William Sidney Pittman
|William Sidney Pittman|
W. Sidney Pittman, ca 1916
April 21, 1875|
|Died||14 March 1958(aged 82)|
William Sidney Pittman (April 21, 1875 – March 14, 1958) was an African-American architect who designed several notable buildings, such as the Zion Baptist Church and the nearby Deanwood Chess House in the Deanwood neighborhood of Washington, DC. He was the son-in-law of Booker T. Washington.
Pittman was born April 21, 1875, in Montgomery, Alabama, to an ex-slave laundress and a prominent white man of the city. At the age of 17 Pittman attended Tuskegee Institute, where he completed programs in woodwork and architectural-mechanical drawing in 1897. He was awarded a scholarship to attend the all-white Drexel Institute in Philadelphia, where he completed the five-year architecture and mechanical drawing program in only three years, graduating in 1900,[unreliable source?] after which he returned to Tuskegee to teach for the next five years.
Pittmann designed a number of buildings for the Tuskegee Institute, including Collis P. Huntington Memorial Building, Tuskegee, Alabama (1900–05). He then moved to Washington, DC, and developed his own successful architectural practice, receiving many important commissions. He developed the Fairmount Heights housing development for blacks in the suburbs of Maryland. In 1907 he married Portia Washington (daughter of the celebrated head of Tuskegee, Booker T. Washington), and the family home that Pittman designed in Fairmount Heights is a notable landmark. Pittman won a federal commission for the Negro Building at the Tercentennial Exposition at Jamestown, Virginia in 1907. He designed the Colored Carnegie Library of Houston, which was built in 1913 as the only library available to African Americans of that city.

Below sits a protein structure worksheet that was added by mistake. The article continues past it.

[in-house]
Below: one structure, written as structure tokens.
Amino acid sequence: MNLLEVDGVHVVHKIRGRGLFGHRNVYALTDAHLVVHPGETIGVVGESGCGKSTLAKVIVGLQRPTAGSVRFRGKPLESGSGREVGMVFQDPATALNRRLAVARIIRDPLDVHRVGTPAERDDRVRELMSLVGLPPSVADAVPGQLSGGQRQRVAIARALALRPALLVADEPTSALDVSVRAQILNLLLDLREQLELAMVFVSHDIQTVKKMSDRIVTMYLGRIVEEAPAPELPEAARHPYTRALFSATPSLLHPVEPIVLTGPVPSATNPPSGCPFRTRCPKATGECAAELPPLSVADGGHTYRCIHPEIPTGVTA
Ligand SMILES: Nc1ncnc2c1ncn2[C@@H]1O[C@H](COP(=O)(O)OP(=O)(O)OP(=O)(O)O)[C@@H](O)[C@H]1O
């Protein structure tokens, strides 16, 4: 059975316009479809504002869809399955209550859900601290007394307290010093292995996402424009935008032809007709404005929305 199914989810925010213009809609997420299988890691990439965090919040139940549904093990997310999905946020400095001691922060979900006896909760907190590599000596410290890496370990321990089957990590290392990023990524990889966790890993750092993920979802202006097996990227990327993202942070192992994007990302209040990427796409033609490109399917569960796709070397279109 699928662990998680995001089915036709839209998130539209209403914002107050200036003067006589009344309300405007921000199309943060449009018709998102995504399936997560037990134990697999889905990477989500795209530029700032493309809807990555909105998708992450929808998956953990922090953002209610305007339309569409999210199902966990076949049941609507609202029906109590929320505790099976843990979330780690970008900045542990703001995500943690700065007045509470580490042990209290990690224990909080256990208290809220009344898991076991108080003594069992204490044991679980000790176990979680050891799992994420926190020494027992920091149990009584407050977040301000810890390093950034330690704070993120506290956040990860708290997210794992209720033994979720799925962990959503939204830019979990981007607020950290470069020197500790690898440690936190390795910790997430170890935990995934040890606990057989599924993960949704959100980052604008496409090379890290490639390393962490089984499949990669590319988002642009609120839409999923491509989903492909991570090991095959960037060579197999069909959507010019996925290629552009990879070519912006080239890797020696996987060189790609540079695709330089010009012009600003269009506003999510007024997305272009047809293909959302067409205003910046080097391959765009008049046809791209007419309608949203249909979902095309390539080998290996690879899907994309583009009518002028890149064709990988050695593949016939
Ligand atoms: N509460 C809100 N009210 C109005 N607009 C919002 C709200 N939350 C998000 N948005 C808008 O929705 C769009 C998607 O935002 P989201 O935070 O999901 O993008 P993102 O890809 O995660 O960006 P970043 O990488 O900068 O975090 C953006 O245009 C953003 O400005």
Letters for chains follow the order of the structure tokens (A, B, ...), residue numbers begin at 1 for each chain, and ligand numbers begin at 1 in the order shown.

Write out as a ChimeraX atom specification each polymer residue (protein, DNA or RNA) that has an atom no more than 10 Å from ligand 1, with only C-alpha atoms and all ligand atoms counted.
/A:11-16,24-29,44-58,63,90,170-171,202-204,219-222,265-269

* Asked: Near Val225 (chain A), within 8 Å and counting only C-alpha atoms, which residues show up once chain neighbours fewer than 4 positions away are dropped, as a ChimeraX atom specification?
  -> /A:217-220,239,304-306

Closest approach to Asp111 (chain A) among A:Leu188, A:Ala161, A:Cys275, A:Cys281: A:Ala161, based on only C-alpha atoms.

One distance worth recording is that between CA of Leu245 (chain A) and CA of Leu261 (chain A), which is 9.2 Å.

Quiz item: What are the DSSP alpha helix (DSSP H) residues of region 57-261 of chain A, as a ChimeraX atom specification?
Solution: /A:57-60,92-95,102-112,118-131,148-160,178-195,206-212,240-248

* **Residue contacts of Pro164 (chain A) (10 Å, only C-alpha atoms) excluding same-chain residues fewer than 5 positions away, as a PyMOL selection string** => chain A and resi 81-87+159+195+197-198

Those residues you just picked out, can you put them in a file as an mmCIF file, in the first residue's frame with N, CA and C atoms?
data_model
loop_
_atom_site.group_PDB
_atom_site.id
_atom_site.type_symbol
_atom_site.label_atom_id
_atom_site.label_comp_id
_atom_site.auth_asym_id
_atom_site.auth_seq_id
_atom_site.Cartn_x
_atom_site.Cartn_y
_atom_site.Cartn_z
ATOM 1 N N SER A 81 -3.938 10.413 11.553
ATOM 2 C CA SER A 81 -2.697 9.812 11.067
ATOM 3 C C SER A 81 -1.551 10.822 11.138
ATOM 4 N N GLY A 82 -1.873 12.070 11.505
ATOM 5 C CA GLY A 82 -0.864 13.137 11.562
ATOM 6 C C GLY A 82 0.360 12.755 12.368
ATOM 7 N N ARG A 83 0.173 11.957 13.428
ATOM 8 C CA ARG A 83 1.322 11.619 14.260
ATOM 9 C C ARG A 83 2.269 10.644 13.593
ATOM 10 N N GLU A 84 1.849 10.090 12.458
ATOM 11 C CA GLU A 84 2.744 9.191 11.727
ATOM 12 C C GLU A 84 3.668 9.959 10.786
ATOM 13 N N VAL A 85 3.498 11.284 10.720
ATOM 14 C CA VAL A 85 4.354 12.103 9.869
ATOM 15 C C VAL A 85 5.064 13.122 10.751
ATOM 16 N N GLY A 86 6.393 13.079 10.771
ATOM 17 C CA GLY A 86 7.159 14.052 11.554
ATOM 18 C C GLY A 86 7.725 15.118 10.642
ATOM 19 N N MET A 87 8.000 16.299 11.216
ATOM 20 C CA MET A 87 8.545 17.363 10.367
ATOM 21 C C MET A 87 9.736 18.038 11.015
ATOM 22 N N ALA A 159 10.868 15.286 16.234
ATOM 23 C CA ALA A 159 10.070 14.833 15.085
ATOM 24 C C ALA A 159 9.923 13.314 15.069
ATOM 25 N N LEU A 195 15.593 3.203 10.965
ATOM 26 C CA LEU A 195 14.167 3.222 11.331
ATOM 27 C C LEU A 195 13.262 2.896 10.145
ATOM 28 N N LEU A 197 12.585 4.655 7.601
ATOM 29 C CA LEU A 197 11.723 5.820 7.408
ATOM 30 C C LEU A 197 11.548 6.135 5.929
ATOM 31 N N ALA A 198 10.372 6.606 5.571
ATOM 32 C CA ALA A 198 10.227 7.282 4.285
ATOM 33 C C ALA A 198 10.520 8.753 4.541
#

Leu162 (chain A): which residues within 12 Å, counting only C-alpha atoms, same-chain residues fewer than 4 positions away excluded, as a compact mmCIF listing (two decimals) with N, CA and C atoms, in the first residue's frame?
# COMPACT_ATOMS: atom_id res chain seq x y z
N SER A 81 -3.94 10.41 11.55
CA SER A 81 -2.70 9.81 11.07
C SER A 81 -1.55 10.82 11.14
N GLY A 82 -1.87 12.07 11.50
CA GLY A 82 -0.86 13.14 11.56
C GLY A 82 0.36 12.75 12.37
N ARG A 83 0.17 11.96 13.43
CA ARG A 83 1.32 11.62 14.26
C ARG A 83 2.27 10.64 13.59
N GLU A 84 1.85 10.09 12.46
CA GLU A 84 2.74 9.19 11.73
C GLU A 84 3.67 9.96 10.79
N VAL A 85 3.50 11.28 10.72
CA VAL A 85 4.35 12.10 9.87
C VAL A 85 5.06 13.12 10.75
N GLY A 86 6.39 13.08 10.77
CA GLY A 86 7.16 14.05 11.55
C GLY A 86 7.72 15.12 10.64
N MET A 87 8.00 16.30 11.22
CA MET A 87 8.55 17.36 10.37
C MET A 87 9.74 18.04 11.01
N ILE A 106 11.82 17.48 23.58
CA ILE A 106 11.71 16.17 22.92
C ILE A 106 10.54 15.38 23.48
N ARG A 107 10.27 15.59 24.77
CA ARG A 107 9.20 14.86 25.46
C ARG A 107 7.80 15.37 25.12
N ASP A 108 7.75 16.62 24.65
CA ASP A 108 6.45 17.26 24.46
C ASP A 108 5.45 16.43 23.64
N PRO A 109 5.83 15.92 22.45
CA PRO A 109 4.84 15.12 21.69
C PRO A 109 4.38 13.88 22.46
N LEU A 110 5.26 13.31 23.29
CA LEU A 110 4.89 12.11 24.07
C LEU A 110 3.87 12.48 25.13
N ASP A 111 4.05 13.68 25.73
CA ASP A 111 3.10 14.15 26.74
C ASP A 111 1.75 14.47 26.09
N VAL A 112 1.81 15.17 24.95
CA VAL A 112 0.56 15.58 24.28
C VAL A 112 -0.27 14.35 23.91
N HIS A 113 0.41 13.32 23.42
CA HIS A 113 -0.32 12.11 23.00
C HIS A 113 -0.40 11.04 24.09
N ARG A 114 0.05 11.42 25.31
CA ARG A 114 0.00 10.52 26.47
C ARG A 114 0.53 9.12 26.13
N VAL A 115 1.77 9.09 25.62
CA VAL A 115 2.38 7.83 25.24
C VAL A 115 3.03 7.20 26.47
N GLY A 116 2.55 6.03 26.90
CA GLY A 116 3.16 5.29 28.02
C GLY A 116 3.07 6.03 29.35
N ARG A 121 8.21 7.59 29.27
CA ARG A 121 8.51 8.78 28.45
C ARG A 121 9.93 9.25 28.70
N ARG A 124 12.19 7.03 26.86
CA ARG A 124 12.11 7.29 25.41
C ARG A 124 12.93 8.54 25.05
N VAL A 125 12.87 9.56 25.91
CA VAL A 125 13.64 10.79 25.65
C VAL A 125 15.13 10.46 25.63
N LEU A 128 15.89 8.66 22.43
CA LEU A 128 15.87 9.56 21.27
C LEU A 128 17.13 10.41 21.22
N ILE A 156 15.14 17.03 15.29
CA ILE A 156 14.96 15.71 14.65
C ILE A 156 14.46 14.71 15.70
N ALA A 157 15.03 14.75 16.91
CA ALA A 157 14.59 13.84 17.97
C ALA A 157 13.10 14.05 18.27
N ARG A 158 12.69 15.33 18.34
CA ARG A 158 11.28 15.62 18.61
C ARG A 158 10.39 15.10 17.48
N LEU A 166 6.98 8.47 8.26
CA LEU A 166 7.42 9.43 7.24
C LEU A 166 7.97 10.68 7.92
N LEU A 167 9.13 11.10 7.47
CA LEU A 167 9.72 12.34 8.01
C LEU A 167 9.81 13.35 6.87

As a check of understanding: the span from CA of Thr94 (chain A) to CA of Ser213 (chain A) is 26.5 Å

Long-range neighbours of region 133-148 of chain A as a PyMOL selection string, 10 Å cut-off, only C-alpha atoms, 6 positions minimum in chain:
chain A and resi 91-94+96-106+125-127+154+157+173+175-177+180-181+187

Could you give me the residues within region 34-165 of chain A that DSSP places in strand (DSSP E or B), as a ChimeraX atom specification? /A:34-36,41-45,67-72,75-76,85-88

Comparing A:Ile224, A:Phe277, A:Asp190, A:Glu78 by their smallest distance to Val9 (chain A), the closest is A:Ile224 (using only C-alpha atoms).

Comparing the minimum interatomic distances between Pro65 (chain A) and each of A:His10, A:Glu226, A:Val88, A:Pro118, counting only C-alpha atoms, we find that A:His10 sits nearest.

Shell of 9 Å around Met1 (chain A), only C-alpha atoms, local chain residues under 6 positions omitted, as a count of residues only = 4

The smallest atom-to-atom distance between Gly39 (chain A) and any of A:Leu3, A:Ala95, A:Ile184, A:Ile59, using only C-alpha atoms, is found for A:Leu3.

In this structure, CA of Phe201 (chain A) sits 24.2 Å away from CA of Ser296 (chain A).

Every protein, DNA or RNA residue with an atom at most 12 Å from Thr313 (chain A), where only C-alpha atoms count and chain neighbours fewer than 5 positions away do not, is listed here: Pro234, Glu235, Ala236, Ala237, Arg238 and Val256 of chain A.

After having established a name for himself, Pittman made his way to Texas in 1913, in order to escape the influence of his famous father-in-law. Once in Texas, Pittman built the Pythian Temple (1915–16) and the St. James African Methodist Episcopal Church (1920) in Dallas, the Allen Chapel A.M.E. Church in Fort Worth (1914); the Joshua Chapel A.M.E. Church in (Waxahachie 1917) and the Wesley Chapel A.M.E. in Houston (1926).
In 1928, after raising three children, Pittman and his wife separated. She returned to teach in Tuskegee. He quit the practice of architecture, working as a skilled carpenter. For most of the next two decades he published an opinionated and controversial weekly paper called The Brotherhood Eyes, a dissident voice in the African-American community that was an alternative to mainstream newspapers such as the Dallas Weekly or the Dallas Express. In the paper he attacked what he saw as failures among the local preachers and other black leaders, gaining himself many enemies.
Pittman died March 14, 1958, in Dallas, where he is buried in Glen Oaks Cemetery.
- Designed to Compete: A Self-Reliant People — Greater Deanwood Heritage Trail.
- "W. Sidney and Portia Washington Pittman House, Prince George's County, Historic Site Summary Sheet: Section 8: Significance.
- Carolyn Perritt, "The Dissident Voice of William Sidney Pittman", Legacies: A History Journal for Dallas and North Central Texas, Volume 16, Number 01, Spring, 2004. Portal to Texas History.
- William Sidney Pittman page at Ancestry.com
- Fly, Everett L. Fly (June 15, 2010). "Pittman, William Sidney". Handbook of Texas Online. Texas State Historical Association. Retrieved August 3, 2018.
- Malone, Cheryl Knott (1999). "Autonomy and Accommodation: Houston's Colored Carnegie Library, 1907–1922". Libraries & Culture. 34 (2): 103. Retrieved July 31, 2018 – via JSTOR. (Subscription required (. ))
- Robert Wilonsky, Knights' Tale: Another historic emblem of black Dallas stands on the brink, Dallas Observer, 2007-12-20.
- on YouTube.
- Carolyn Perritt, "The Dissident Voice of William Sidney Pittman", Legacies: A History Journal for Dallas and North Central Texas, Volume 16, Number 01, Spring, 2004.
- "W. Sidney Pittman" (PDF). The Crisis. 12 (5): 239–240. 1916. Retrieved August 2, 2018.